Oscar Pistorius granted bail in Reeva Steenkamp case

 

The BBC's Andrew Harding describes the moment Oscar Pistorius got bail

South African athlete Oscar Pistorius, who faces murder charges over the fatal shooting of his girlfriend, has been granted bail after a four-day hearing.

Magistrate Desmond Nair said the state had not made a case that he would flee, or that he had a violent character.

The Paralympic champion denies murder, saying he shot Reeva Steenkamp thinking she was an intruder at his home.

The next hearing in the case has been set for 4 June. Bail was set at 1m rand (£74,000; $113,000).

He was ordered to hand over his passport, avoid his home in Pretoria and report to a police station between 07:00 and 13:00 every Monday and Friday.

Reeva Steenkamp in an undated photo Reeva Steenkamp's family say they want the truth

Mr Nair took almost two hours to deliver his judgement.

He criticised the testimony of Detective Hilton Botha for not following up important leads and changing his evidence.

But the magistrate also said he had difficulty understanding why Mr Pistorius had opened fire in the way he did.

However, he said Mr Pistorius had "reached out to meet the state's case" and had given a full version of events at an early stage.

"I come to the conclusion that the accused has made a case to be released on bail," he said.

Mr Pistorius's family and supporters in the court gasped and cheered as the magistrate announced his decision.

Even by his own account of events, Oscar Pistorius displayed the most extreme recklessness in firing blindly into a closed door, without even the most basic appreciation of who or what might lie behind it.

Perhaps he's being punished enough by losing the woman he told friends he thought might become his wife.

Having sat just over a metre away from him for the last four days in court, I can tell you he is a broken man. But still it is hard to imagine he will walk away from a trial without some form of sanction, and with his life and career changed forever by four shots fired into a toilet door.

His uncle, Arnold Pistorius, said outside court: "We are relieved by the fact that Oscar got bail today, but at the same time, we are in mourning for Reeva Steenkamp and her family."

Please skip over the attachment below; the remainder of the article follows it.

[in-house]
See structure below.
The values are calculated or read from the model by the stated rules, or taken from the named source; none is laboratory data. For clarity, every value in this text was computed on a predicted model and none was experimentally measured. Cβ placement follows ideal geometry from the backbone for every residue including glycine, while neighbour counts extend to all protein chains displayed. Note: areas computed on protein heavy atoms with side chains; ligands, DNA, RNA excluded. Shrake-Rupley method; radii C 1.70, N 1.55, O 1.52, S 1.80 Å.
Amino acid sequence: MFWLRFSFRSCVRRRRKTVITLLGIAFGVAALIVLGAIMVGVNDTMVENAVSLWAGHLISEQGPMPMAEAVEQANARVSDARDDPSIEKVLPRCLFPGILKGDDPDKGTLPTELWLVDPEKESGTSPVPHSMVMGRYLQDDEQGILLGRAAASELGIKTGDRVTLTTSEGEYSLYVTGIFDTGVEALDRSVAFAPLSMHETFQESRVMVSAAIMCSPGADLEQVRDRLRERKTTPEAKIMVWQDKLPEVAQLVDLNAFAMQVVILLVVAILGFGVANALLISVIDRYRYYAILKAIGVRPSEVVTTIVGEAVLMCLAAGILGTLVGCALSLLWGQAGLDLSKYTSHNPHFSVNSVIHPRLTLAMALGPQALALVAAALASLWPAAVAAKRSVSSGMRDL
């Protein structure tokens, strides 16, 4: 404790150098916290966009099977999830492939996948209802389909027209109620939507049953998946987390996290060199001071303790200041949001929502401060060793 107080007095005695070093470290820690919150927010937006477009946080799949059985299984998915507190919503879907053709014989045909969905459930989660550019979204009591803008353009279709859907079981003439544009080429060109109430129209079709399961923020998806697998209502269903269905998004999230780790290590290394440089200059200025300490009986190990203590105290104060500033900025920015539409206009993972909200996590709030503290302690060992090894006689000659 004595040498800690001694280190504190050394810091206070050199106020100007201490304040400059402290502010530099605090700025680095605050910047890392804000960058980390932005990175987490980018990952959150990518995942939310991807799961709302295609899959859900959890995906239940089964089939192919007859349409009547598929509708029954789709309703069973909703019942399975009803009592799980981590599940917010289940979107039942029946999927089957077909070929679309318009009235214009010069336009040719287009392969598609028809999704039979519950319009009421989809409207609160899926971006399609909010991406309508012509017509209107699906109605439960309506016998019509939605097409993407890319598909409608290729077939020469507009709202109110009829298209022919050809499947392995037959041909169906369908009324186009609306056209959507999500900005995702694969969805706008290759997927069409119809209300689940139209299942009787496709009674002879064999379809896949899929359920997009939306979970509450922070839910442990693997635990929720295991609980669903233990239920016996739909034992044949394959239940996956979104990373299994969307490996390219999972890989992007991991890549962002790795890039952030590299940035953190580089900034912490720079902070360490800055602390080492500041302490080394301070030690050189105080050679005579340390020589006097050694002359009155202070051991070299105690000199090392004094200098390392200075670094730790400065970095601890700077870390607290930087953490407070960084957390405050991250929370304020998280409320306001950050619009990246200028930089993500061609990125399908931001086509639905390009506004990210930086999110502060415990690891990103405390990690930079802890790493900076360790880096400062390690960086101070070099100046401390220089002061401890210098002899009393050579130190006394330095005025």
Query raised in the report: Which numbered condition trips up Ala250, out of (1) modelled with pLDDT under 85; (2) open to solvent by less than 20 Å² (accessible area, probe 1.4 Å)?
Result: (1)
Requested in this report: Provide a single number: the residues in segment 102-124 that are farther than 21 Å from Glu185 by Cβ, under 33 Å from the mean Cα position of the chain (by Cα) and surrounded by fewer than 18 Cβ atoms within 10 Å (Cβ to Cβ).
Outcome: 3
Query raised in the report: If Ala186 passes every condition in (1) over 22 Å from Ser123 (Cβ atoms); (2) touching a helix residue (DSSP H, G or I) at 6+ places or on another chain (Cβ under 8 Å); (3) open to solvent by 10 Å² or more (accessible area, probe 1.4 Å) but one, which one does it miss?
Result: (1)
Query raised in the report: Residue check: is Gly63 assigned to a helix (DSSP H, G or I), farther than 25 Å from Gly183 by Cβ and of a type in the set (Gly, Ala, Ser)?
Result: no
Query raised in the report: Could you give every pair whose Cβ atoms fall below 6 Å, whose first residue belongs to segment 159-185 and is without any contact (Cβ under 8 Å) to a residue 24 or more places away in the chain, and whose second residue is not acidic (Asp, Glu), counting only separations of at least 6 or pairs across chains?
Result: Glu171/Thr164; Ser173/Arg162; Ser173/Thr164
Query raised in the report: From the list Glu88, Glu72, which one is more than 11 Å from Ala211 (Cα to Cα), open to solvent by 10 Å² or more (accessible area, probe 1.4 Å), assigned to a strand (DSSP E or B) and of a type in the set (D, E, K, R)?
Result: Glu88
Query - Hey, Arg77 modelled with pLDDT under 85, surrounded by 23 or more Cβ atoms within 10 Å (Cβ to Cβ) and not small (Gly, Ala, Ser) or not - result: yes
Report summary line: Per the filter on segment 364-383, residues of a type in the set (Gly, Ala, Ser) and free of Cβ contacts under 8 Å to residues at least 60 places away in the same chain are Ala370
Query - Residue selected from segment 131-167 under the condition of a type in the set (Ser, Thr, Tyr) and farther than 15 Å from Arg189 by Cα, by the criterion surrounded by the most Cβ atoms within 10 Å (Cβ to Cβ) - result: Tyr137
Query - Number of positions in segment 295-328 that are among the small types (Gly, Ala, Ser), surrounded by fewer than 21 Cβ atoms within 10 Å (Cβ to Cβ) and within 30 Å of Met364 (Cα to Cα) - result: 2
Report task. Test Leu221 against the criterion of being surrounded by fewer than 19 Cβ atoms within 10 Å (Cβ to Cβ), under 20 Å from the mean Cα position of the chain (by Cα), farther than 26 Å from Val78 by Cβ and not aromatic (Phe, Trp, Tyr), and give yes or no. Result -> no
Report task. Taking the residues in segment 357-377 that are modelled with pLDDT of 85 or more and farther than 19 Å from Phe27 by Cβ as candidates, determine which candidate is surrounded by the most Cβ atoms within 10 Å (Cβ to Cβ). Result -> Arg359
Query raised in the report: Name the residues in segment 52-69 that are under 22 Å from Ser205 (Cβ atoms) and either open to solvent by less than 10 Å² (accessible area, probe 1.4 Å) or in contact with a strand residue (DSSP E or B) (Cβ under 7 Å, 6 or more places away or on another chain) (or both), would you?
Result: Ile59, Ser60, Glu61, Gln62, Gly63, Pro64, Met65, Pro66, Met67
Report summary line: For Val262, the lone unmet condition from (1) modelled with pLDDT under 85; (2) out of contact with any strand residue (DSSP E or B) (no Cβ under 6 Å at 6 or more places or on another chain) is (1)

Conflicting accounts

The hearing began on Tuesday and both prosecution and defence laid out their cases.

Both sides agree that Mr Pistorius shot through the bathroom door four times, hitting and killing Ms Steenkamp.

But prosecutors allege the shooting happened after the couple had an argument at Mr Pistorius's home in the early hours of 14 February.

Det Botha told the court that witnesses had heard shouting, screaming and gunfire from about 600m (2,000ft) away.

But later he changed his evidence to suggest the witnesses were much closer.

Bail conditions

  • Must hand over 1 million rand: 100,000 rand in cash up front, and proof that the rest is available
  • Must turn in passports and any guns that he owns
  • Cannot leave Pretoria without permission from probation officer, nor can he return to his home
  • Forbidden to take drugs or drink alcohol
  • Must report to police station between 07:00 and 13:00 every Monday and Friday

And on Thursday it emerged that Det Botha faces allegations of attempted murder, and he was removed from the case.

Mr Pistorius says he woke in the middle of the night, and thought there was an intruder in the bathroom.

The prosecutors sought to portray Mr Pistorius as man with a history of violence who was likely to flee the country.

But the defence argued it would be impossible for Mr Pistorius to flee because his prosthetic legs would be noticed wherever he went.

Ms Steenkamp, 29, was a model and law graduate with a burgeoning television career.

Oscar Pistorius, 26, won gold medals at the 2004 Paralympic Games in Athens, in Beijing in 2008 and London in 2012.

In London he made history by becoming the first double-amputee to run in the Olympics, making the semi-final of the 400m.

 

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  • Comment number 736.

    This comment was removed because the moderators found it broke the house rules. Explain.

  • rate this
    -1

    Comment number 735.

    Being a celebrity plus no witnesses plus incompetent police plus expensive defence lawyers means you can kill someone in South Africa and get out on bail. It should not be possible to kill someone and yet make a case to be released on bail. If you shoot at someone without knowing who you are shooting, that is a criminal....end of story.

  • rate this
    +1

    Comment number 734.

    Clearly it's a really strange scenario. Personally I feel that without an understanding of the culture and environment of the country I don't have the background to form any strong views. One thing I am fairly sure of though (based on UK jury service experience) is that there are no doubt a lot of facts that need and will be examined in minute detail, before a sensible view can be taken.

  • rate this
    -1

    Comment number 733.

    There will be "exceptional circumstances" or some other rubbish which will allow him to escape a prison sentence. He wont get away with the murder entirely though, as his career is almost certainly over, and as for sponsors he'll struggle to get even a local kebab shop to take him on.

  • rate this
    0

    Comment number 732.

    It's been over a decade since I left SA - which was due to the ever increasing crime rate. But, one thing that was common was that gangs would use small children to break in, often through bathroom or bedroom windows, which they could easily fit through. They would then open the front door for the rest of the gang. Not such a laughing matter.

 

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